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Culture medium optimization and lipid profiling of Cylindrotheca, a lipid- and polyunsaturated fatty acid-rich pennate diatom and potential source of eicosapentaenoic acid
1Department of Botany, Andhra University, Visakhapatnam 530003, Andhra Pradesh, India
2Department of Marine Chemistry, School of Chemistry, Andhra University, Visakhapatnam 530003, Andhra Pradesh, India
aThe first two authors made equal contributions to the manuscript.
Citation Information: Botanica Marina. Volume 55, Issue 3, Pages 289–299, ISSN (Online) 1437-4323, ISSN (Print) 0006-8055, DOI: 10.1515/bot-2011-0076, May 2012
- Published Online:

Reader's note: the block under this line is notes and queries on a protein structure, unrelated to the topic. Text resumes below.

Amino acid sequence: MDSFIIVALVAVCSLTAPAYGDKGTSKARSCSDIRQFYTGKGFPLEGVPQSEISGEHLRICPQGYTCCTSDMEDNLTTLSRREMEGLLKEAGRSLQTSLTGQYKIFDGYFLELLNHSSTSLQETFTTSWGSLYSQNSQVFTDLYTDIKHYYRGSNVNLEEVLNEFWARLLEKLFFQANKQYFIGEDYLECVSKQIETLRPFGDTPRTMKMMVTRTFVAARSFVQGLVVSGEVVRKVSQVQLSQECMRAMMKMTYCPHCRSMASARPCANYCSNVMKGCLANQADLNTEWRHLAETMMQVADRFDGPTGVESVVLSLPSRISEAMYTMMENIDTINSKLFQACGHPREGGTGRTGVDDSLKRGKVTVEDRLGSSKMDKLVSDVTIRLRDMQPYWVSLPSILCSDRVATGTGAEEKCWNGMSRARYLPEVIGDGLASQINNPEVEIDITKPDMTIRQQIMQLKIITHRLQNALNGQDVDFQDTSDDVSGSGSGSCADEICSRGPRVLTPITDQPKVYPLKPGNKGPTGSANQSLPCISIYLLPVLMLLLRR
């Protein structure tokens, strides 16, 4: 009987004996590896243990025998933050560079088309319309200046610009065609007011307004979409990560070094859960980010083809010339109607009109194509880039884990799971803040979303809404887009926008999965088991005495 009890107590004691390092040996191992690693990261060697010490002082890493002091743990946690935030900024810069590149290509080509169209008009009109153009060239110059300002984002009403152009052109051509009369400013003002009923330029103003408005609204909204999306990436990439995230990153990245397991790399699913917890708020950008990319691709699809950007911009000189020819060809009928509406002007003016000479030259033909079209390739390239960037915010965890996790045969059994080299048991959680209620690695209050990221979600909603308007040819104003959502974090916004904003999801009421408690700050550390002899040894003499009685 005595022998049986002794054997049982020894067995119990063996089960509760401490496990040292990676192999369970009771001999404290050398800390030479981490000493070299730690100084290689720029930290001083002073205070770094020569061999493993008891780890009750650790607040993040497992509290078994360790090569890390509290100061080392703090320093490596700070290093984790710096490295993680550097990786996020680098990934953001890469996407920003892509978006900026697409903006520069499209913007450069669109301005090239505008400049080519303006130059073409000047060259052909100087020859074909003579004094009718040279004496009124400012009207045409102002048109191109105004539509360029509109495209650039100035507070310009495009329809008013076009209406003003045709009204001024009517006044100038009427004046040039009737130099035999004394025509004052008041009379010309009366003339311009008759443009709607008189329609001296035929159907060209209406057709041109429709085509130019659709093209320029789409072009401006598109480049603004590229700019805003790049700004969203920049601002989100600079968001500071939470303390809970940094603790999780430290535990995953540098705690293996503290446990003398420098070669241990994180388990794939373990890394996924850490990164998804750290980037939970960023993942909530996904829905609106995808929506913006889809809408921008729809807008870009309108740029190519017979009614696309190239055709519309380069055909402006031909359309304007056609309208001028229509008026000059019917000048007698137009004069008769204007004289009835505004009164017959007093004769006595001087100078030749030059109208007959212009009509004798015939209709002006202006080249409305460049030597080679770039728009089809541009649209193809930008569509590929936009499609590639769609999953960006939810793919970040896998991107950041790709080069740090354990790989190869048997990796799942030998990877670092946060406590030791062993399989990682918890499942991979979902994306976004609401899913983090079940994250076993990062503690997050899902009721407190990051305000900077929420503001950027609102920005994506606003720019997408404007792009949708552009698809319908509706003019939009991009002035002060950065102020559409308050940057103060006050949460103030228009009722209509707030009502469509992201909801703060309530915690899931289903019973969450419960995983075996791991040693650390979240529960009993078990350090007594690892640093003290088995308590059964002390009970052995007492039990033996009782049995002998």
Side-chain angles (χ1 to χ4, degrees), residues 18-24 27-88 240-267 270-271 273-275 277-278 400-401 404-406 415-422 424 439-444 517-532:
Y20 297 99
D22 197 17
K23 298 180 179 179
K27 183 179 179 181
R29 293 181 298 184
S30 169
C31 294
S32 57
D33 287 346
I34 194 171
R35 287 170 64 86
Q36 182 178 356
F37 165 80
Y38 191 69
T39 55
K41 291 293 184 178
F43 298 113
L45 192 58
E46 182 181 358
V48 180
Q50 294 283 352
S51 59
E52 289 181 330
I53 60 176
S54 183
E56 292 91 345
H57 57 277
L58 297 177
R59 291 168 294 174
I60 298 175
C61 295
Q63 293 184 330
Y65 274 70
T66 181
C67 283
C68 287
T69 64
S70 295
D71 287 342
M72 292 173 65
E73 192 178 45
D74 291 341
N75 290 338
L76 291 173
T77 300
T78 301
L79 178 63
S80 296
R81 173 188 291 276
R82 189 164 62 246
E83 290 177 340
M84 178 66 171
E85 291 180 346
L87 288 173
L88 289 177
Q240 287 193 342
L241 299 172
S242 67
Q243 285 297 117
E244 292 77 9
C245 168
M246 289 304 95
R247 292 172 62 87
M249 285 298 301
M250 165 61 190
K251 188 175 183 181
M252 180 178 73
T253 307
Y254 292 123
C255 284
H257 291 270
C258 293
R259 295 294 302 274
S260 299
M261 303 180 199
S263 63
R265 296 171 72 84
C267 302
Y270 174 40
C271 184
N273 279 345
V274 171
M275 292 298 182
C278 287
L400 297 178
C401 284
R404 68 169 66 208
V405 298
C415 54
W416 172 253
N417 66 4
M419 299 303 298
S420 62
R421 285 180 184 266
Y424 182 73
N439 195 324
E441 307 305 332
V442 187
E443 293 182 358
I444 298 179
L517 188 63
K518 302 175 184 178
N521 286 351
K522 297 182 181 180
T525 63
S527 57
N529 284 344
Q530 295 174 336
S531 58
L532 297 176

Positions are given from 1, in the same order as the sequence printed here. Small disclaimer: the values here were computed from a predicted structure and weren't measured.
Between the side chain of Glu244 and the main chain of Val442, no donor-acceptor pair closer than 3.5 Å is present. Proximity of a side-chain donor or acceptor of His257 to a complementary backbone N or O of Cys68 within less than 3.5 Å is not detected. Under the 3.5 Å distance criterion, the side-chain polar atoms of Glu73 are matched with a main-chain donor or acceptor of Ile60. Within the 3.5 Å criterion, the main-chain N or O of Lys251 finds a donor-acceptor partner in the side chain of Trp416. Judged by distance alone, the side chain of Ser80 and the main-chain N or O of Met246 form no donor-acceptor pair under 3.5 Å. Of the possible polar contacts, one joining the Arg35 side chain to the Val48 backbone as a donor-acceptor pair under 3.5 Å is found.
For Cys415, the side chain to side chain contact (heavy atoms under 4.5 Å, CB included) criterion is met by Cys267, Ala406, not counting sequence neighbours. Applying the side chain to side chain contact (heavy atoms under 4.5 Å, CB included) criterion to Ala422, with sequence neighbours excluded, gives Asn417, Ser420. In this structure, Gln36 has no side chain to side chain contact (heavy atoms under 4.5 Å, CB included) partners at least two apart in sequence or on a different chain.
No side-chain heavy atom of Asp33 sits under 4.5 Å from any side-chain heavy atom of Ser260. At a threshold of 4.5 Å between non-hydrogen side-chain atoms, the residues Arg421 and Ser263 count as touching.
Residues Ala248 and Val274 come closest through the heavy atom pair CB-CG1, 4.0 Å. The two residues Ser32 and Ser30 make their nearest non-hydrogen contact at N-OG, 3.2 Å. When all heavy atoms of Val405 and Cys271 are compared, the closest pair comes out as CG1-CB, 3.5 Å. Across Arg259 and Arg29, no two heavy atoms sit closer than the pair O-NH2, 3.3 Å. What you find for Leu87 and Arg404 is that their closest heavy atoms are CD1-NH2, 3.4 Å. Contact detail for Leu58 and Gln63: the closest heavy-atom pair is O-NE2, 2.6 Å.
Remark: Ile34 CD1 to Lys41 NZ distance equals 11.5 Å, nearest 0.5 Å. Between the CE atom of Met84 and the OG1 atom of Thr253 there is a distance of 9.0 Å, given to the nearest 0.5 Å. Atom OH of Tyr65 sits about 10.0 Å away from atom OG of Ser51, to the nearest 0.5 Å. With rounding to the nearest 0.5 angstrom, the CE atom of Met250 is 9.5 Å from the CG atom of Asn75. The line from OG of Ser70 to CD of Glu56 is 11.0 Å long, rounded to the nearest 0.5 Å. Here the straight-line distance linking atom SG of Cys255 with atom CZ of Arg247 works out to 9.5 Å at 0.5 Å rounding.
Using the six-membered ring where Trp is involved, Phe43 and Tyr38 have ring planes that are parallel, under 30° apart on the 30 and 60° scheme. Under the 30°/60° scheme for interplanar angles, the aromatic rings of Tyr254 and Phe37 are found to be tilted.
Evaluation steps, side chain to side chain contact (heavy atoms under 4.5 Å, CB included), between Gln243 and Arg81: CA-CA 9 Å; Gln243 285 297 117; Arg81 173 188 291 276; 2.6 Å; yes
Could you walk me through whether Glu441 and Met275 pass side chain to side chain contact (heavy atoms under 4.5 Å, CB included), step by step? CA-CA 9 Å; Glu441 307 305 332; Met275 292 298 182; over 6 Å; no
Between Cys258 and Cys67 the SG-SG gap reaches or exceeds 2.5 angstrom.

Cylindrotheca, an epipelic benthic pennate diatom, holds promise as a nutraceutical source and may be useful for aquaculture. Experiments were done on two Cylindrotheca species, Cylindrotheca fusiformis (UTEX 2084) and C. closterium, which was isolated from seawater collected offshore from Visakhapatnam, India. C. closteriumwas identified through microscopy and rDNA typing. Type and concentration of nutrient components in the culture medium that promoted best growth and highest lipid accumulation were identified. Lipid content was gravimetrically estimated. For relative comparison of the effects of different culture media on lipid content, we made estimations through rapid in situ screening method using Nile red staining and spectrofluori\xadmetry. The fatty acid profile of lipid was obtained through gas chromatography-mass spectroscopy. Nualgi, a commercially available micronutrient ready-mix with elements adsorbed as nanoparticles on a modified silica sol, was found to significantly boost growth in both Cylindrotheca species when used in lieu of a conventional micronutrient mix prepared from eight compounds. Among the three nitrogen sources tested – sodium nitrate (NaNO3), urea, and ammonium chloride (NH4Cl) – best growth of C. fusiformis occurred on nitrate and urea, while NH4Cl was best for C. closterium. Lipid productivity was much higher in cultures supplied with NH4Cl for both Cylindrotheca species and compensated for lower biomass in C. fusiformis. Mixotrophy with glycerol or sodium acetate resulted in no significant increase in growth over photoautotrophy. Both Cylindrotheca species were lipid rich; lipid constituted 18–27% of dry biomass in the medium with NaNO3. Among total fatty acids, polyunsaturated fatty acids constituted <40%, eicosapentaenoic acid 25%, and arachidonic acid ∼8% and ∼4% in C. fusiformis and C. closterium, respectively. NH4Cl, phosphate, and Nualgi micronutrient ready-mix in concentrations optimal for each strain contribute to a good culture medium for Cylindrotheca.
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